February 20, 2018 at 5:17 pm

McCullough, White Author Group’s First Publication

Bradley McCullough, portrait in lab

Bradley McCullough

Chemistry graduate student Bradley J. McCullough and Dr. Travis A. White recently published the group’s first publication, “Visible light-driven photosystems using heteroleptic Cu(I) photosensitizers and Rh(III) catalysts to produce H2” in Inorganic Chemistry.

McCullough is a graduate student in the Ohio University-Leipzig University dual master’s program, and White is Assistant Professor of Chemistry & Biochemistry at Ohio University.

The publication describes how fine-tuning the structural components of light absorbers and catalysts at the molecular level allows for the development of visible light-driven catalysis to transform water into hydrogen gas. The copper compounds serve to harness incident photons (i.e. solar energy), generating an “excited” molecule with its own unique chemical and physical properties. This excited molecule is able to shuttle electrons from an electron donor source to a rhodium catalyst, the latter of which ultimately delivers the electrons to water to form hydrogen gas. The molecular nature of each component allows for synthetic modification of the structure with relative ease, thereby directly affecting this light-initiated cascade of electrons and energy.

Two Ohio University undergraduate students also contributed to the publication: Bertrand J. Neyhouse ’18 (chemical engineering) who is also a member of White’s group, and Demi T. Reed ’20 (forensic chemistry) who is a member of Dr. Jessica K. White’s group. The other authors on the publication include Professor Christopher J. Ziegler and two of his graduate students in the Chemistry Department at the University of Akron.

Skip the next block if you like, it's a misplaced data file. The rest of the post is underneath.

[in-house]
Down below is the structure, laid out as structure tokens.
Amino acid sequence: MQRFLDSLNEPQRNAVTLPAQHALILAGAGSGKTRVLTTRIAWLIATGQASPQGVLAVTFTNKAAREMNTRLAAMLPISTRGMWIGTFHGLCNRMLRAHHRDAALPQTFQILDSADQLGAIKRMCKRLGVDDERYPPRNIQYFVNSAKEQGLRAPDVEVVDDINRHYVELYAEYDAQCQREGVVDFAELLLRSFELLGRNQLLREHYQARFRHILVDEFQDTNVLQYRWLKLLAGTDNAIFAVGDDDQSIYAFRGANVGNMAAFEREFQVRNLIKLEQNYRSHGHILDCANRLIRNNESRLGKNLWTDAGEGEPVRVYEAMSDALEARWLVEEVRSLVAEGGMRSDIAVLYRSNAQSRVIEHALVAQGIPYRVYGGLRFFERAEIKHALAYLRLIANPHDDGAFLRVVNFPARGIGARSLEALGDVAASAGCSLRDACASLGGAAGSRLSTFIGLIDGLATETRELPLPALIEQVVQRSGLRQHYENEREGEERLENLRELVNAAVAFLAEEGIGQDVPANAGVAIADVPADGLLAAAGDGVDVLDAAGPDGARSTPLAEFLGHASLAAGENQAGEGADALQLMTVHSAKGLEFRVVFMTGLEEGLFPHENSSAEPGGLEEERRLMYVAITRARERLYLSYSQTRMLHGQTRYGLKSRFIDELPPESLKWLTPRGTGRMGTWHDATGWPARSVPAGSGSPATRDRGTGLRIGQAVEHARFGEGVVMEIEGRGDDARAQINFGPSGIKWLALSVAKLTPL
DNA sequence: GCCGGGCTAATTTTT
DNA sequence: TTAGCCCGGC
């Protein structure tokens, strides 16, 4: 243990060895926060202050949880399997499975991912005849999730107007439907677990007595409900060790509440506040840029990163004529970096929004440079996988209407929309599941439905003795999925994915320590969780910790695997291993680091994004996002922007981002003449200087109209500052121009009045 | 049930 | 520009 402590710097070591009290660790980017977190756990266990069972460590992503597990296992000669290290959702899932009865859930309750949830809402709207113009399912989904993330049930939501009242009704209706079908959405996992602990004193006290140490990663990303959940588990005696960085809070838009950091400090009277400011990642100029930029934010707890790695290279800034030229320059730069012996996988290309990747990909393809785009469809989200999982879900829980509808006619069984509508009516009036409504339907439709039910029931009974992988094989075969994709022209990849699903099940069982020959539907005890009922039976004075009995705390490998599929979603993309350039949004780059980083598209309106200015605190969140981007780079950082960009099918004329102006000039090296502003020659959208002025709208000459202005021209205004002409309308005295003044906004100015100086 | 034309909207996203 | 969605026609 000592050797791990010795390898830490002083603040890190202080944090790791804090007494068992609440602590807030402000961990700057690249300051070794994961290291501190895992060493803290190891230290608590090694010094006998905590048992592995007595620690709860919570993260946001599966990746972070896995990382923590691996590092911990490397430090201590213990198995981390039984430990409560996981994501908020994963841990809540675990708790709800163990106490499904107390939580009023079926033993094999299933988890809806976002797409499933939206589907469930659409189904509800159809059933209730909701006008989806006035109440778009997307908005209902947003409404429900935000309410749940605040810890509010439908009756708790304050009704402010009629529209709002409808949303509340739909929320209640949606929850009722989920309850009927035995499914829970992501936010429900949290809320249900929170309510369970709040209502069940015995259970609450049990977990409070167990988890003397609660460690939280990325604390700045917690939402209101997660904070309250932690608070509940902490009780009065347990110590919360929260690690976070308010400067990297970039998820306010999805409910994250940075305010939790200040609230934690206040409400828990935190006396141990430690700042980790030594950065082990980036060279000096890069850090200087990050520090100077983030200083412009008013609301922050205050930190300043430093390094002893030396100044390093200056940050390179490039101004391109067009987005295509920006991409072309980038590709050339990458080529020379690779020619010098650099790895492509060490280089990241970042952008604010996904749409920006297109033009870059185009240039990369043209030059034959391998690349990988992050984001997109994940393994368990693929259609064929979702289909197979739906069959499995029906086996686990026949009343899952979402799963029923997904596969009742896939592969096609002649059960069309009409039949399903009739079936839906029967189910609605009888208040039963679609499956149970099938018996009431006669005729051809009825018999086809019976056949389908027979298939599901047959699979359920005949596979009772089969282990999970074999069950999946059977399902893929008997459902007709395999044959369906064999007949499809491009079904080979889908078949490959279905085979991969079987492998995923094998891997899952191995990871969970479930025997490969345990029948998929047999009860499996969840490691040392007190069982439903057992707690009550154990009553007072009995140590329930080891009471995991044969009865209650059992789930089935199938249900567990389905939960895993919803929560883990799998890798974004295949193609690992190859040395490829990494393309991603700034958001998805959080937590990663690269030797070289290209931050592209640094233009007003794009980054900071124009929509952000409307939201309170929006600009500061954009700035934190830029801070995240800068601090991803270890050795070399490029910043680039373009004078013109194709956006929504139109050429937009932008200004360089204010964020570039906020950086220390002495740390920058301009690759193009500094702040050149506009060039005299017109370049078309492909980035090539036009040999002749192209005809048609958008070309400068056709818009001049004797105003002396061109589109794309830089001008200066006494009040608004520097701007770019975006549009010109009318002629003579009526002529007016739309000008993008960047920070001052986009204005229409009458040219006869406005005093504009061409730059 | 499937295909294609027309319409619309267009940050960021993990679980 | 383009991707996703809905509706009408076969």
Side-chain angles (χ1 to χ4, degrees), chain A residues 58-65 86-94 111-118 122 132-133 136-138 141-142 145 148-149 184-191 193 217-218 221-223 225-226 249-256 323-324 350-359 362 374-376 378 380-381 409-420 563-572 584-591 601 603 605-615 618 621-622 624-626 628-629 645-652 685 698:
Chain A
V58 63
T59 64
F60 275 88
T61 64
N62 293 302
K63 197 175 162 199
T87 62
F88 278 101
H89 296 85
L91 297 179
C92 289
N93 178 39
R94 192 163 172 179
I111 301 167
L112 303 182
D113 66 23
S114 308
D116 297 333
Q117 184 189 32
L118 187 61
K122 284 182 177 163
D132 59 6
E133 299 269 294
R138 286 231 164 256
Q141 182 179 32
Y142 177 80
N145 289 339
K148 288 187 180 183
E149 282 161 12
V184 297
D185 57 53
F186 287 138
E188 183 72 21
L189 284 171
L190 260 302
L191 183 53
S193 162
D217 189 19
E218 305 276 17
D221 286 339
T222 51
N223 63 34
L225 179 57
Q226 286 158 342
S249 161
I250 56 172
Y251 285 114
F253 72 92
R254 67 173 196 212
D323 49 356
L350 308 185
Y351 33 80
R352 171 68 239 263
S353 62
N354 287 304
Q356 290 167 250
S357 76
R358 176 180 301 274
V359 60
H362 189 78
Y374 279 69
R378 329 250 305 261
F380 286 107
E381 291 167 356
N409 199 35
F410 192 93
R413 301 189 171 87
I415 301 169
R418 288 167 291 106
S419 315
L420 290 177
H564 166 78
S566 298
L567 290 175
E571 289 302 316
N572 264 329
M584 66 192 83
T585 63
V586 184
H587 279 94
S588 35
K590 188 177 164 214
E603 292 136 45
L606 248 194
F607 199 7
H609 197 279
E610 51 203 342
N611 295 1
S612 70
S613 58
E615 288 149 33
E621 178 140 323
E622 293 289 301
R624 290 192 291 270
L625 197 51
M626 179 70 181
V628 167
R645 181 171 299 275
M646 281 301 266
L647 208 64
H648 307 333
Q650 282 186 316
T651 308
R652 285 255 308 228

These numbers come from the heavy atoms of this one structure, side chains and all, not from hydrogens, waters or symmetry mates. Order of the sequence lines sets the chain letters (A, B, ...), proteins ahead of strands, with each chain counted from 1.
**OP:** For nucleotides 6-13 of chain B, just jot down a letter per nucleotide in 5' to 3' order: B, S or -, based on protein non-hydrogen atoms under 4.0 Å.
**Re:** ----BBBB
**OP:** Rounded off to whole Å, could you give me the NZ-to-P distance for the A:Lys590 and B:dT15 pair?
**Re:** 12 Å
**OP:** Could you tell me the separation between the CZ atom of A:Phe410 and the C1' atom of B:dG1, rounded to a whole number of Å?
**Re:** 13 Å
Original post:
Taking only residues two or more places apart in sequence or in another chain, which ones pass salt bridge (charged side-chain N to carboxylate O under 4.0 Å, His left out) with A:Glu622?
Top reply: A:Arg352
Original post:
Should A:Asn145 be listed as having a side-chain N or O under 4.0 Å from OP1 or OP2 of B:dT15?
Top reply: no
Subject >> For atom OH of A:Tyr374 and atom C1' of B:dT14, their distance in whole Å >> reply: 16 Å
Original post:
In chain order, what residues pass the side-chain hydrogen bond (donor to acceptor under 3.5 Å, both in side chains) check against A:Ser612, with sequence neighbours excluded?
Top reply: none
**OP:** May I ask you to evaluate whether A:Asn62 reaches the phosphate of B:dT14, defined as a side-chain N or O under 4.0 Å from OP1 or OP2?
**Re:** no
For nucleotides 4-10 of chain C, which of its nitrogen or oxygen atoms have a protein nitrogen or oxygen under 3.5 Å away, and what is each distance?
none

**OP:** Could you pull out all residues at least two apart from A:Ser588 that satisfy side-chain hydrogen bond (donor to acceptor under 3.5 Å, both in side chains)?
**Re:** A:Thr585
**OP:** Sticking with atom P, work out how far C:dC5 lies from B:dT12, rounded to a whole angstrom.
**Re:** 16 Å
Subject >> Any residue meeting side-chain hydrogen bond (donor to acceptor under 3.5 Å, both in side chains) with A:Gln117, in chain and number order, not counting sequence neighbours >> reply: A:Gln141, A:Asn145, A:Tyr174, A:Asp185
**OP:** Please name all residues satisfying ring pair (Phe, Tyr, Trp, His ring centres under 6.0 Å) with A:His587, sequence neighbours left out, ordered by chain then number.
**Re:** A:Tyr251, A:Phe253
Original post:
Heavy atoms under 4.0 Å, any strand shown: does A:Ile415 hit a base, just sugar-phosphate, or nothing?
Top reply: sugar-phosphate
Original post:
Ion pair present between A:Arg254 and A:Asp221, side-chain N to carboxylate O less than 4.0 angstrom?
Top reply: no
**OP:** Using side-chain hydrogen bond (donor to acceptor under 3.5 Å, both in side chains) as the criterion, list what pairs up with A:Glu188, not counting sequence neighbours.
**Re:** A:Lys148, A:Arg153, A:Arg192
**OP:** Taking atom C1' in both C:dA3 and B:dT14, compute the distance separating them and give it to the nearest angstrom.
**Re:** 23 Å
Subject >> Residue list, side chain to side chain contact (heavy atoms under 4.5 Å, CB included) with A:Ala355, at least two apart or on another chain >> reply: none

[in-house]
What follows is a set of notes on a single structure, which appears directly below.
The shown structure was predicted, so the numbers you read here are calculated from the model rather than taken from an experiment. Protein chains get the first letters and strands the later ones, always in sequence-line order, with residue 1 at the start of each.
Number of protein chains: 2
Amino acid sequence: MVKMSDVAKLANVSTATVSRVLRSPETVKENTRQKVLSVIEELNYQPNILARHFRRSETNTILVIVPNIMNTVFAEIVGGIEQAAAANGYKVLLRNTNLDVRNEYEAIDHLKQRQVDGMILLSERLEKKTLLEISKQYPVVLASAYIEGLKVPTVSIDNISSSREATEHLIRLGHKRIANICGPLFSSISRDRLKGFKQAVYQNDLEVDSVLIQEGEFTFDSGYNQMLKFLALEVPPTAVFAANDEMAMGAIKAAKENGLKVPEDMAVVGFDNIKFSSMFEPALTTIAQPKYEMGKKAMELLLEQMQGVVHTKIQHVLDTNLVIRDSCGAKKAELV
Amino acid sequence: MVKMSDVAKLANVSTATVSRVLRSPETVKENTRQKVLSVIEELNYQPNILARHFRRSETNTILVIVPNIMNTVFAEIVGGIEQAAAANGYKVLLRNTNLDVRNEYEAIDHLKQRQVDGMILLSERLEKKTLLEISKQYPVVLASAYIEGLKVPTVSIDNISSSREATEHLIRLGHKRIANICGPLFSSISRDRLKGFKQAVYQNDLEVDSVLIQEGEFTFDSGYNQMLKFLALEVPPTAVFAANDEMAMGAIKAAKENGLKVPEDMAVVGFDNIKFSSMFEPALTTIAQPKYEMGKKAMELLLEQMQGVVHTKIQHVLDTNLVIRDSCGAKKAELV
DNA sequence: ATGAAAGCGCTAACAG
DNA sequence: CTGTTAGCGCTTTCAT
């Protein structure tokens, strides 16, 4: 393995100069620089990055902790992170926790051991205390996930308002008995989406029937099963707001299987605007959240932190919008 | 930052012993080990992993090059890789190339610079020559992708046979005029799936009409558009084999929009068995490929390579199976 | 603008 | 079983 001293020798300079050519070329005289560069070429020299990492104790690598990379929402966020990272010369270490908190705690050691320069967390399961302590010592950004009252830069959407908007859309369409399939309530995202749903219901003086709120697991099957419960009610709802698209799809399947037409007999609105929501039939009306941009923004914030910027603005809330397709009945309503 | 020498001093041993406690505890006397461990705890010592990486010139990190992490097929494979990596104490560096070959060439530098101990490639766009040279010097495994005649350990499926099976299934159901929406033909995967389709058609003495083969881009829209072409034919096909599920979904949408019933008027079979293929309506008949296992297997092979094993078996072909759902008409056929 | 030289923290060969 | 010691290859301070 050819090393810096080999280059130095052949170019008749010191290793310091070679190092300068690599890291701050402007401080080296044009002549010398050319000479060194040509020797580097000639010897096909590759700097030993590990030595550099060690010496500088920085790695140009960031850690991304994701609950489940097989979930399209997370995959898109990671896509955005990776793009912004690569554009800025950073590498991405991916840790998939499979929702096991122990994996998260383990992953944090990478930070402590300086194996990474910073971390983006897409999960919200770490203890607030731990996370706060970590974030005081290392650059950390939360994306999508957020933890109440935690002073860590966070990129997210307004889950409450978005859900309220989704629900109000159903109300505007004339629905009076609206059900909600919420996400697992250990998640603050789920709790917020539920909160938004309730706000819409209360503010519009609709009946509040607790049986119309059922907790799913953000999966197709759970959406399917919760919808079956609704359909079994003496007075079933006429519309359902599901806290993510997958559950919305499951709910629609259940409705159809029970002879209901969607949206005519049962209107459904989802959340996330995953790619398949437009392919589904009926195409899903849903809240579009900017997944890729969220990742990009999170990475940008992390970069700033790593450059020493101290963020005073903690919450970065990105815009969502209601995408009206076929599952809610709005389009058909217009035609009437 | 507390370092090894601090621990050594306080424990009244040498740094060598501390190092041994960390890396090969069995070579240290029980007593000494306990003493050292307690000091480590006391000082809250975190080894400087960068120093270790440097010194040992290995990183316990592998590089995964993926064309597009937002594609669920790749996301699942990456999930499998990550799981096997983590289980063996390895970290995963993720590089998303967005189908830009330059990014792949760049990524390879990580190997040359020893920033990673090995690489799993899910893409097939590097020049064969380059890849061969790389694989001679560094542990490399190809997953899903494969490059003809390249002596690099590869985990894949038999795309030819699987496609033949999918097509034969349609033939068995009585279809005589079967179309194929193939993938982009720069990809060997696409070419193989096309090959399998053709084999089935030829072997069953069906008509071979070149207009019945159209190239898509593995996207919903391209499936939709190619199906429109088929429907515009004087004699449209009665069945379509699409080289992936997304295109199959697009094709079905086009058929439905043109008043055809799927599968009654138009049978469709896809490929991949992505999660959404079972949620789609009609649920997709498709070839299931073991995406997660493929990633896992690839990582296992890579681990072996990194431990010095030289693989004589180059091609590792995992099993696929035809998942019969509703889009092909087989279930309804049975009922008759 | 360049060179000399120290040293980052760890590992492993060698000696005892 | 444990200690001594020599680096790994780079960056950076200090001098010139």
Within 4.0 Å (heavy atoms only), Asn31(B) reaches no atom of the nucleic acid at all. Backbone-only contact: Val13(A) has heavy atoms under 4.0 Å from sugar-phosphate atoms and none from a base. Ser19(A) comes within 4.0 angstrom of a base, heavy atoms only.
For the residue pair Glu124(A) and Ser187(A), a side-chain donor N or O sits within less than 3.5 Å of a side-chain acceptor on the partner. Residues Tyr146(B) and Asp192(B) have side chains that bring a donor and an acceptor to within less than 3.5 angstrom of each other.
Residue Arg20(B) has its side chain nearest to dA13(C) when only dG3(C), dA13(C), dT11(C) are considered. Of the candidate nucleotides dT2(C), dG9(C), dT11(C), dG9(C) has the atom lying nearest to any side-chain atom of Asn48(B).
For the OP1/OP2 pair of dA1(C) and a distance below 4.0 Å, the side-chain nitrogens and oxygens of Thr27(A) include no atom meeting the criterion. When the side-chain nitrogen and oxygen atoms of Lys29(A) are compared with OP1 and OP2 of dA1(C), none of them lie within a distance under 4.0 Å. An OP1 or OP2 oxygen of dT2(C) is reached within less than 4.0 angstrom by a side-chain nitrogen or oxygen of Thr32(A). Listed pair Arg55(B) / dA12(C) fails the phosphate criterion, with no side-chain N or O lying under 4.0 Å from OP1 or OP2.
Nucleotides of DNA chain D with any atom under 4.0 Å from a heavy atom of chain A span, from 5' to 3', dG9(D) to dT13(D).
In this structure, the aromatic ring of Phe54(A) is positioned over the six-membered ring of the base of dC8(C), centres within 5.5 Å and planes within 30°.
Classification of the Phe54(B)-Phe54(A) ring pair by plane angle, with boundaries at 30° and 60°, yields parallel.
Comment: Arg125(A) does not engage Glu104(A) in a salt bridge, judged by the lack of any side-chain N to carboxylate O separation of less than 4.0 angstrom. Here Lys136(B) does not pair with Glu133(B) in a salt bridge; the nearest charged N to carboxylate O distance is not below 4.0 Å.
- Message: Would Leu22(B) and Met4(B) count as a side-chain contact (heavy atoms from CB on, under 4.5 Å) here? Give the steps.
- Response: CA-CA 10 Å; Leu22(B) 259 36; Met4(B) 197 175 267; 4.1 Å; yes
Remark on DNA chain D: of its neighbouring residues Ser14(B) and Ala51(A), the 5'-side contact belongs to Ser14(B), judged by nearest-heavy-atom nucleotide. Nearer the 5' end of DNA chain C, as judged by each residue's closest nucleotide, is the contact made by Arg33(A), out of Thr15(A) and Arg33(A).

Chemical symbols for heteroleptic Cu(I) photosensitizers.

Abstract: The synthesis of two new heteroleptic Cu(I) photosensitizers (PS), [Cu(Xantphos)(NN)]PF6 (NN = biq = 2,2′-biquinoline, dmebiq = 2,2′-biquinoline-4,4′-dimethyl ester; Xantphos = 4,5-bis(diphenylphosphino)-9,9-dimethylxanthene), along with the associated structural, photophysical, and electrochemical properties, are described. The biquinoline diimine ligand extends the PS light absorbing properties into the visible with a maximum absorption at 455 and 505 nm for NN = biq and dmebiq, respectively, in CH2Cl2 solvent. Following photoexcitation, both Cu(I) PS are emissive at low energy, albeit displaying stark differences in their excited state lifetimes (τMLCT = 410 ± 5 (biq) and 44 ± 4 ns (dmebiq)). Cyclic voltammetry indicates a Cu-based HOMO and NN-based LUMO for both complexes, whereby the methyl ester substituents stabilize the LUMO within [Cu(Xantphos)(dmebiq)]+ by ∼0.37 V compared to the unsubstituted analogue. When combined with H2O, N,N-dimethylaniline (DMA) electron donor, and cis-[Rh(NN)2Cl2]PF6(NN = Me2bpy = 4,4′-dimethyl-2,2′-bipyridine, bpy = 2,2′-bipyridine, dmebpy = 2,2′-bipyridine-4,4′-dimethyl ester) water reduction catalysts (WRC), photocatalytic H2 evolution is only observed using the [Cu(Xantphos)(biq)]+ PS. Furthermore, the choice of cis-[Rh(NN)2Cl2]+ WRC strongly affects the catalytic activity with turnover numbers (TONRh = mol H2 per mol Rh catalyst) of 25 ± 3, 22 ± 1, and 43 ± 3 for NN = Me2bpy, bpy, and dmebpy, respectively. This work illustrates how ligand modification to carefully tune the PS light absorbing, excited state, and redox-active properties, along with the WRC redox potentials, can have a profound impact on the photoinduced intermolecular electron transfer between components and the subsequent catalytic activity.

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